Last update: 18:37 | 01/01/2018
In its latest report in 2016, Fitch ratings agency noted that the creditworthiness of Vietnamese banks is still the lowest in Asia. This remark shows that the banking system still has a lot of problems to be solved, ranging from restructuring to bad debts and lack of capital. This is especially important when Vietnam’s banks are about to adopt the Basel II standards.
This viewpoint was reflected in an article on Bloomberg View last September. “Vietnamese banks lack capital,” the article says. As the amount of bad debt had yet to be fully reflected, the situation may be even more serious than what the official statistics show.
However, this challenge also creates opportunities for the banks to raise new capital and push the return of foreign capital to Vietnamese lenders.
“In investors’ eyes, Vietnamese banks are one of the most feasible targets in Asia,” said Bloomberg.
This comment was backed by the strong economic rebound of Vietnam in recent years and the steady recovery of the Vietnamese real estate industry. The banking sector, although still struggling with the high amount of bad debts, has recovered in many other aspects. Credit growth—one of the most important signs of recovery—is experiencing a boost as well.
The return of million-dollar deals
Vietnams’ banks started their comprehensive overhaul in 2008—and it is only in 2017 that they began to attract foreigners’ attention again, in deals worth of millions of USD.
Most recently, HDBank has raised $300 million from international investors after selling shares to existing investors in the book-building method. The $300-million deal was the second largest ever in the Vietnamese banking sector, just below Vietcombank’s $460-million deal in 2007. The number of registered purchases tripled the amount of shares on offer.
Participants in this share sale were major financial institutions from around the world, such as Credit Saison (Japan), Deutsche Bank AG (Germany), JPMorgan Vietnam Opportunities Fund, CAM Bank (Japan), Charlemagne (UK); Dragon Capital, VinaCapital, and Macquarie Bank (Australia) or PYN Elite.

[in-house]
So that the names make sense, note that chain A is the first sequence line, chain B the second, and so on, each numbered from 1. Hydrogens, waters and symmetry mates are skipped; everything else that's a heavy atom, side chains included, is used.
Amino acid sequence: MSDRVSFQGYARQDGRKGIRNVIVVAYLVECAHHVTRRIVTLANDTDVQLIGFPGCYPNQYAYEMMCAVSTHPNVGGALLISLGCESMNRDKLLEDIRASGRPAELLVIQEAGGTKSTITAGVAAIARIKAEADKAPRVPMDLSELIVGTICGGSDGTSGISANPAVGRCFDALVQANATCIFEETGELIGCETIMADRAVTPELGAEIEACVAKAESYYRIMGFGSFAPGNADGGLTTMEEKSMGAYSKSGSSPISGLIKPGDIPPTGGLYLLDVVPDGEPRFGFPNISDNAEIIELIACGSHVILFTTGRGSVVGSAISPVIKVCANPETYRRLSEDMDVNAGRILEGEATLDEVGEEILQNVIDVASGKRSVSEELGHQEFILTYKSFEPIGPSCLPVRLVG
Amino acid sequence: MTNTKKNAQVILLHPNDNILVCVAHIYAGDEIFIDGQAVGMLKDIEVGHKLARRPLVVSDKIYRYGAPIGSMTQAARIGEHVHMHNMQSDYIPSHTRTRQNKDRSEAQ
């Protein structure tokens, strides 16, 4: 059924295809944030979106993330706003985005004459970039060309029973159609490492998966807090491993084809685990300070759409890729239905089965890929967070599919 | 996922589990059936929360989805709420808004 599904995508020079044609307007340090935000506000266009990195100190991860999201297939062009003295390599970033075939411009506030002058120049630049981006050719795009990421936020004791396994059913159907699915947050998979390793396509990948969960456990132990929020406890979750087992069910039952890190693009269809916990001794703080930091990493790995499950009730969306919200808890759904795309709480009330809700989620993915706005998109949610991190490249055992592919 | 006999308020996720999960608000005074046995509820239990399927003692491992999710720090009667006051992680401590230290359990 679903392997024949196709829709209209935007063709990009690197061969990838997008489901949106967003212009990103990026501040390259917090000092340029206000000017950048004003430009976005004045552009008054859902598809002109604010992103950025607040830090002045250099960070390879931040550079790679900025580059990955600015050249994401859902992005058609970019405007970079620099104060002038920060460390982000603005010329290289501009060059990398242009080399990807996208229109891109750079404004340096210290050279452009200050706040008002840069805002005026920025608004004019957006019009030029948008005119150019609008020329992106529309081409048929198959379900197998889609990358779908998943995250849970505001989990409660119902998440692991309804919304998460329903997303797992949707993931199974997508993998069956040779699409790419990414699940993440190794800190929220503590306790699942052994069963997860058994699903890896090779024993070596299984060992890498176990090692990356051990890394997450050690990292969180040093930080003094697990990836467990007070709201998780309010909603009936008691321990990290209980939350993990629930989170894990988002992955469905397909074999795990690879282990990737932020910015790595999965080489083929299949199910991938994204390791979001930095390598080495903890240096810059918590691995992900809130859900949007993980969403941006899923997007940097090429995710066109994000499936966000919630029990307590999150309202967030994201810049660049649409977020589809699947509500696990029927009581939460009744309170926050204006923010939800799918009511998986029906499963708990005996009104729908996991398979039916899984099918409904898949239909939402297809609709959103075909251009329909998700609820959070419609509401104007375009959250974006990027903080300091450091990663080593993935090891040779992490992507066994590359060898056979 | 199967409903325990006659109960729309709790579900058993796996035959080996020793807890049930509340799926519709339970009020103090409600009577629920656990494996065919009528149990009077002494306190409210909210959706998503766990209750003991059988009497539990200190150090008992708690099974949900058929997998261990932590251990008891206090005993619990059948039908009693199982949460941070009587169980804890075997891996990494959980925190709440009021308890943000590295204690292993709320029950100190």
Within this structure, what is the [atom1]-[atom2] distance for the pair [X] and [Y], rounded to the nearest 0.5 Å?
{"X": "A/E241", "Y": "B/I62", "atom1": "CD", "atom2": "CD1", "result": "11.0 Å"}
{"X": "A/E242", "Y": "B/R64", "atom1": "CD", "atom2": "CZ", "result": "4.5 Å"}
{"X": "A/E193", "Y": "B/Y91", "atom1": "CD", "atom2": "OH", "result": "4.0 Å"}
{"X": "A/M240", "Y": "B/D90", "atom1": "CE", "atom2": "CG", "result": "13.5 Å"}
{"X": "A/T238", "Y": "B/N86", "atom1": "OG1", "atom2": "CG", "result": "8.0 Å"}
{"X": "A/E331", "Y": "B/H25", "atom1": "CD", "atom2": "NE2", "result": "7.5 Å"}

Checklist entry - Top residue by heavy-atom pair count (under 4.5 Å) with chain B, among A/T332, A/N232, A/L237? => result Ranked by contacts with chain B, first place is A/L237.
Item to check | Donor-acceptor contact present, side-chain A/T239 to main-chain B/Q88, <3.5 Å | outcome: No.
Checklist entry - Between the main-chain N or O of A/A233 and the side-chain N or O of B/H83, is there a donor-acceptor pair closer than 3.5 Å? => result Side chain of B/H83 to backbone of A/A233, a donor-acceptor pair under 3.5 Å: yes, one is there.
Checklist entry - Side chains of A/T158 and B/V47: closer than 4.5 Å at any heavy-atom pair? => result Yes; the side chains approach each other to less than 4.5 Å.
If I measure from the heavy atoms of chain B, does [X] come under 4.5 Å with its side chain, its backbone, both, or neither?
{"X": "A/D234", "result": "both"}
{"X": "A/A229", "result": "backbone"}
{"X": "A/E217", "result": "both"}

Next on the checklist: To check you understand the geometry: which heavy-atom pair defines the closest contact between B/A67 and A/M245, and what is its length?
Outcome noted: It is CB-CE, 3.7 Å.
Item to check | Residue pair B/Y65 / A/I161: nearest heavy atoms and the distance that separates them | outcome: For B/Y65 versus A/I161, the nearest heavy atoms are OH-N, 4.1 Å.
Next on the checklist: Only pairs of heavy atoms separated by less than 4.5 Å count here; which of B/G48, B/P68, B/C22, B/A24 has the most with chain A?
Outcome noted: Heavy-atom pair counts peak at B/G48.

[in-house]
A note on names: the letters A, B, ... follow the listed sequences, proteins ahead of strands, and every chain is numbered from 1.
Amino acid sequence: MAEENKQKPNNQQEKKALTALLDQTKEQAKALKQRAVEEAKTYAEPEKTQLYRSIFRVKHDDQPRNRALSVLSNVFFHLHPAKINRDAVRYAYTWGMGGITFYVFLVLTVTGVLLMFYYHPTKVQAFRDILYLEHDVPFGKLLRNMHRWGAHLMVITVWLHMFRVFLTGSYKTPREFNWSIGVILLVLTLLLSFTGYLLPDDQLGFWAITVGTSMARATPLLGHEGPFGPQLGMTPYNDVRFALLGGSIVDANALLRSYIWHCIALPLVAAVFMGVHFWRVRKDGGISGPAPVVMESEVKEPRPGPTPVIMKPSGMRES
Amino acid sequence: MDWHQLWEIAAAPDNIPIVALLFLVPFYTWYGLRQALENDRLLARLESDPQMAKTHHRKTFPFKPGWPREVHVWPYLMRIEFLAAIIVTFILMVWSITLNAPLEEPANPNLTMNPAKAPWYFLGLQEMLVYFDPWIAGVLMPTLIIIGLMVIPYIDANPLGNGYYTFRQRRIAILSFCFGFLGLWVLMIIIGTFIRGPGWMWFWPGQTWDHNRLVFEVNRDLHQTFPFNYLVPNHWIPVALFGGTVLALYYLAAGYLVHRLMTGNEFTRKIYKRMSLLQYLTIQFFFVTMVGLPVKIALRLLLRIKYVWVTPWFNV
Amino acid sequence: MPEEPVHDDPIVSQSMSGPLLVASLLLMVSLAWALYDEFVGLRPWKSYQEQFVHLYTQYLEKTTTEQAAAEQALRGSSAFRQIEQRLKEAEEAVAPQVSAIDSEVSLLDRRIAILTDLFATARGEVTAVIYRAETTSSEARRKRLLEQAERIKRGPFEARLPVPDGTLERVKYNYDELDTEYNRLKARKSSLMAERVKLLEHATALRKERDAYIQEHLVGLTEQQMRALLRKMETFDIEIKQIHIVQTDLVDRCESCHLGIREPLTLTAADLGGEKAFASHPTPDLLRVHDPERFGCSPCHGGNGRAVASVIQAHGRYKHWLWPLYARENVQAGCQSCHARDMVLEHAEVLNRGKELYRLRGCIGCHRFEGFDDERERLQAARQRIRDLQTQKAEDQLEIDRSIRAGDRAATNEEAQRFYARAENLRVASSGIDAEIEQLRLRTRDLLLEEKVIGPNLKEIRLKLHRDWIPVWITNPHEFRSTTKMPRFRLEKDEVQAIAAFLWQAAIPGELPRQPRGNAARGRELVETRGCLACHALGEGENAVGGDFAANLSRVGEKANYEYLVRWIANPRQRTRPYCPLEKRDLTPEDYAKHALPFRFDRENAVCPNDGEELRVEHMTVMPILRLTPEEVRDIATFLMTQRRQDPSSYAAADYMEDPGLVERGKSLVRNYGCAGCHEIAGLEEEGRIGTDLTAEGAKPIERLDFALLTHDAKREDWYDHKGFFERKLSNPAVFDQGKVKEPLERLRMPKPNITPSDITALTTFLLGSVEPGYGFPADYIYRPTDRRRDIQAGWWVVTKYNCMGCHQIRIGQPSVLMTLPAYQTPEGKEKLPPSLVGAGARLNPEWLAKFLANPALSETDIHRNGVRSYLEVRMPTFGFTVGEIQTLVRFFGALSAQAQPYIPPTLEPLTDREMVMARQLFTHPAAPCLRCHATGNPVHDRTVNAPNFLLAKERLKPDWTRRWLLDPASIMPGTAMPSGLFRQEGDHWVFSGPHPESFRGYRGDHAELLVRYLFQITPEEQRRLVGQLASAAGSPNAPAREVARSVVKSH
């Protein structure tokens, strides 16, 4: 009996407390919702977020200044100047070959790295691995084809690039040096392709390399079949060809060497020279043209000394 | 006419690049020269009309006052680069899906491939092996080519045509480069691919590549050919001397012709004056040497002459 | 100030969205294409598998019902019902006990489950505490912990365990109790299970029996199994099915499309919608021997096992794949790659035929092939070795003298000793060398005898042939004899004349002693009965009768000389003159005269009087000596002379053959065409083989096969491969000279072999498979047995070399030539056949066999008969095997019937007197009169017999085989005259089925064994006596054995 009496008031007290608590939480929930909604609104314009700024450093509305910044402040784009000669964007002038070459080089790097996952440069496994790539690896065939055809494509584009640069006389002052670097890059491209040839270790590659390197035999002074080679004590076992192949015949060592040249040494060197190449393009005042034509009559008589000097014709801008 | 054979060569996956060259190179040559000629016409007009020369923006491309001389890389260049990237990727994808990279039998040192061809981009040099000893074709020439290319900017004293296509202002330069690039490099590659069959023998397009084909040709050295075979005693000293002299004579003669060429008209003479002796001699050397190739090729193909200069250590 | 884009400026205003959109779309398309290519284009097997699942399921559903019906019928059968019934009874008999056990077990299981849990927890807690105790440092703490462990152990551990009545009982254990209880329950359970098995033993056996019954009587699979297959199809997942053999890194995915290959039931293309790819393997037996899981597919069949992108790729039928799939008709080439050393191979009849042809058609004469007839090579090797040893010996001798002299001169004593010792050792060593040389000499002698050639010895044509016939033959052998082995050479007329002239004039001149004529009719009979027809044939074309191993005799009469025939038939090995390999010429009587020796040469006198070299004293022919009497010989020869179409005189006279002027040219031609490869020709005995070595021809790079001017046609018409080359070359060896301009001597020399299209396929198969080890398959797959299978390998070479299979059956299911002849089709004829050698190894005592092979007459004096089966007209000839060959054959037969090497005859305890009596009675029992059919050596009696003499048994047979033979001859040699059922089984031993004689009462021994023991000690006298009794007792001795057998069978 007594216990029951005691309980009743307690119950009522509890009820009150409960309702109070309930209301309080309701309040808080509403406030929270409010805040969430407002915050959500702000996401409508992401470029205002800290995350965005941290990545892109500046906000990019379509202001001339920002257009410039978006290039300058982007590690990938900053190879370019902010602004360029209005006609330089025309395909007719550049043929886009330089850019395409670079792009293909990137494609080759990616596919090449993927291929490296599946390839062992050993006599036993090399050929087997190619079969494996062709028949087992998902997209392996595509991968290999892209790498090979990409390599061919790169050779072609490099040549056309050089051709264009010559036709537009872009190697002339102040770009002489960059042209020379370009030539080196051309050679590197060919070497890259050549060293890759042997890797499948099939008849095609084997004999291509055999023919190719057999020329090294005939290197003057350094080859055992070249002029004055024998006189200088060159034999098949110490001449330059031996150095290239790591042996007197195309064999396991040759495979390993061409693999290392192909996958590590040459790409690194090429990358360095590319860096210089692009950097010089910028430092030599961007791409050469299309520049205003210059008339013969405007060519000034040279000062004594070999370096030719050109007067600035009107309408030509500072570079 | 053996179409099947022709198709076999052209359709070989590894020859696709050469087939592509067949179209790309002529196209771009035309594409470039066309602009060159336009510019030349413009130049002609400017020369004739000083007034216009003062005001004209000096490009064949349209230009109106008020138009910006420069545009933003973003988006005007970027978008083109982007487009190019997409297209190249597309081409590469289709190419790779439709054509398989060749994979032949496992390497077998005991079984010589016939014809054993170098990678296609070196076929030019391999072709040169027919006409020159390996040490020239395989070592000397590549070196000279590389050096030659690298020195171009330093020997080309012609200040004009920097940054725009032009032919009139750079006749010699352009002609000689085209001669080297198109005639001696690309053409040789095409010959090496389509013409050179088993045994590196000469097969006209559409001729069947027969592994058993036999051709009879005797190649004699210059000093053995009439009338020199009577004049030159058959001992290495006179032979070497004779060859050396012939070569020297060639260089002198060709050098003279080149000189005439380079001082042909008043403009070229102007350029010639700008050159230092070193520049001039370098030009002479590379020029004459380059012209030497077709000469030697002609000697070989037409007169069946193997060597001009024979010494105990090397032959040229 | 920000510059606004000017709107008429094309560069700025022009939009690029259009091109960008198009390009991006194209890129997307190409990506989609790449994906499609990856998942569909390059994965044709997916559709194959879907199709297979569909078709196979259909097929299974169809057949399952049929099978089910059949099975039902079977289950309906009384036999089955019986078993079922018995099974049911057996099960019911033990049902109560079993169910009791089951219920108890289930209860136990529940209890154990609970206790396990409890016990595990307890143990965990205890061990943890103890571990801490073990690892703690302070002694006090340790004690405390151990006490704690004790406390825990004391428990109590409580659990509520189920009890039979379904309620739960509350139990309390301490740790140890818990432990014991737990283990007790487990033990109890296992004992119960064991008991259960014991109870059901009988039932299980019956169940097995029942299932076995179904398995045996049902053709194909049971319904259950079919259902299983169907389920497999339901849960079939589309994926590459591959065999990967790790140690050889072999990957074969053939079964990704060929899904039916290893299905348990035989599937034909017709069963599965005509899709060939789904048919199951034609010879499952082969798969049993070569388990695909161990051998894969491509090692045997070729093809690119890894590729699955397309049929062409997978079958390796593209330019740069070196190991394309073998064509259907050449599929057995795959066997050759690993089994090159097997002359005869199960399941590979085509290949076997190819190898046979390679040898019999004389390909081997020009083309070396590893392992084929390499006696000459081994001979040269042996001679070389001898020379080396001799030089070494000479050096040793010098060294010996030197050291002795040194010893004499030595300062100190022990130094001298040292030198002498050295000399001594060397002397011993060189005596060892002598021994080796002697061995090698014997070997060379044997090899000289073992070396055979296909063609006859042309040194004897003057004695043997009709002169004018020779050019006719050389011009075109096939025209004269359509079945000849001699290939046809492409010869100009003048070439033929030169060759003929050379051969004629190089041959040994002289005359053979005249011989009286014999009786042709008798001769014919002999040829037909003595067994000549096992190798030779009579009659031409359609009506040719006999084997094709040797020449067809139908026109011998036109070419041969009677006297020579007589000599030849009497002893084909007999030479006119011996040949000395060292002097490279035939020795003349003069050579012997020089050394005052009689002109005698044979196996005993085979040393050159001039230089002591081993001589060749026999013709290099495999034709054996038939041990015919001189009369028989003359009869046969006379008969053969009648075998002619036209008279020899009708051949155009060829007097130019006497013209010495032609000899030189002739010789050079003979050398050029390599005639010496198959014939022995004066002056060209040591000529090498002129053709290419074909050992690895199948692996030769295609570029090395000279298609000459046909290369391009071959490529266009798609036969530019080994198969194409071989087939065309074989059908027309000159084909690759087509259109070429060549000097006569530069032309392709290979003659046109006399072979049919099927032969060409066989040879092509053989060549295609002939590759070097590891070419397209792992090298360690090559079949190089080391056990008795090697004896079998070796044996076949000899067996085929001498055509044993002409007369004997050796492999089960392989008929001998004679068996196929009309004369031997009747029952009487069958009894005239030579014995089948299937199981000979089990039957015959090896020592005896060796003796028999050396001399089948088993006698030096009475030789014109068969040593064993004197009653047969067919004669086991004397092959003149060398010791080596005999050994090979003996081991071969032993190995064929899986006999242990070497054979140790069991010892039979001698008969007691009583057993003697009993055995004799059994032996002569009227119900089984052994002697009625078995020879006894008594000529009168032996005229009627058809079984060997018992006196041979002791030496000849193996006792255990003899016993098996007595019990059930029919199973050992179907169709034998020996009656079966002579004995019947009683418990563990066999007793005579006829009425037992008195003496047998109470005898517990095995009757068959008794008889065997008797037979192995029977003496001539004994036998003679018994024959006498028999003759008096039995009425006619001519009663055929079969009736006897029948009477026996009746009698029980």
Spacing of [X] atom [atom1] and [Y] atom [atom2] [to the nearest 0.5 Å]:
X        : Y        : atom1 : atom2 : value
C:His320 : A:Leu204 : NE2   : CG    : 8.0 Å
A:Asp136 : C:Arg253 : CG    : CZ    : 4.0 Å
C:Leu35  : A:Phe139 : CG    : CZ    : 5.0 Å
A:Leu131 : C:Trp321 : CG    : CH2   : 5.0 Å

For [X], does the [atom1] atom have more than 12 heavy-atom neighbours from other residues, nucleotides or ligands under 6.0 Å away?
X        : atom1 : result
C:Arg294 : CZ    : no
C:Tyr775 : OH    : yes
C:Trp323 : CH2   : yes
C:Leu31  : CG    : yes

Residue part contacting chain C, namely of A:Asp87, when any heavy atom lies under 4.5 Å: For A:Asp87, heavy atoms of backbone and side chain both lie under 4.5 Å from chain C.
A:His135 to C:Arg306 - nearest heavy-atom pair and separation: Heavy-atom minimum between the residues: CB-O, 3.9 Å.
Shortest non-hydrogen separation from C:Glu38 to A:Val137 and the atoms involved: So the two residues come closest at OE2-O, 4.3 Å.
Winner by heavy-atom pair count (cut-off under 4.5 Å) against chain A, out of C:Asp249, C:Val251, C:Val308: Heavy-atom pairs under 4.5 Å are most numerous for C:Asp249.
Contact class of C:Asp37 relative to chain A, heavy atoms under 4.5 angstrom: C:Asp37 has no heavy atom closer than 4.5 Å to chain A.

Prior to HDBank, VPBank also completed raising $250 million from its share deal in May. The number of registered purchases, as revealed by the advisors, was $1.2 billion.
The success of these two auctions has showcased the increasing size of transactions in the Vietnamese banking system, as well as the size of the selling price.
A year ago, except for Vietcombank, bank stocks traded at only 1x, and some banks on the over-the-counter market even traded below their share value. However, nowadays, the value of some promising lenders has tripled to 3x or 4x. In the HDBank auction, investors were willing to pay VND32,000 ($1.4) and expected this figure to rise even higher when the lender makes its debut on the stock exchange in early 2018.
These transactions also created a buzz in the stock market, signalling the return of Vietnam’s “king stocks.” This is especially true as investors often use the selling price in the pre-IPO share sale as the benchmark for their investments.
Opportunities are not for everyone
Promising stories about banks’ raising capital can make it seem like every lender is now taking in money left and right. However, the perception is not always true. Even the four major banks on the market are running into problems when raising first-tier capital.
In the past year, Vietcombank did not manage to solve the delay in selling its stakes to Singapore’s sovereign fund GIC. Previously in August 2016, GIC has agreed to buy 306 million Vietcombank shares, or 7.7 per cent of the stakes. The reason for the delay is disagreements in pricing, as GIC offers to pay only $400 million, much lower than the $640 million market price of this share batch.
BIDV, the largest bank by assets, is also facing difficulties in raising capital. The bank’s capital adequacy ratio is already reaching dangerous levels. A Korean partner is rumoured to have expressed interest in BIDV, but there is no concrete information on the sale yet.
Apart from finding the right partner, the foreign ownership limit (FOL) is another major hindrance for banks. Both VPBank and HDBank still have 10 per cent of their shares available for foreign investors, which is partly why the share sales were a success. VPBank’s FOL was reached immediately upon listing, while HDBank still has 8.5 per cent left.
Meanwhile, at Vietinbank, the FOL is now encroaching the 30-per-cent limit. The tiny remaining stake is only enough for small-scale daily trading and is certainly not sufficient for a strategic investor.
The bank’s financial health is another major factor. As of December 30, HDBank had VND180.8 trillion ($3.56 billion) of assets and VND14 trillion ($617.4 million) of owners’ equity. HDBank expects to earn VND2.4 trillion ($105 million) in pre-tax profit this year, up 130 per cent from the same time last year.
HDBank has shown great progress in recent years. Compared to 2011, the total amount of assets as well as owners’ equity tripled and deposits grew fourfold. Credit increased fivefold, while pre-tax profit doubled.
With close relationships with major partners like Vietjet Air, Vinamilk, and consumer finance firm HDSaison, HDBank is attracting significant attention from international investors. The bank is expected to grow faster than the industry average in the next five years.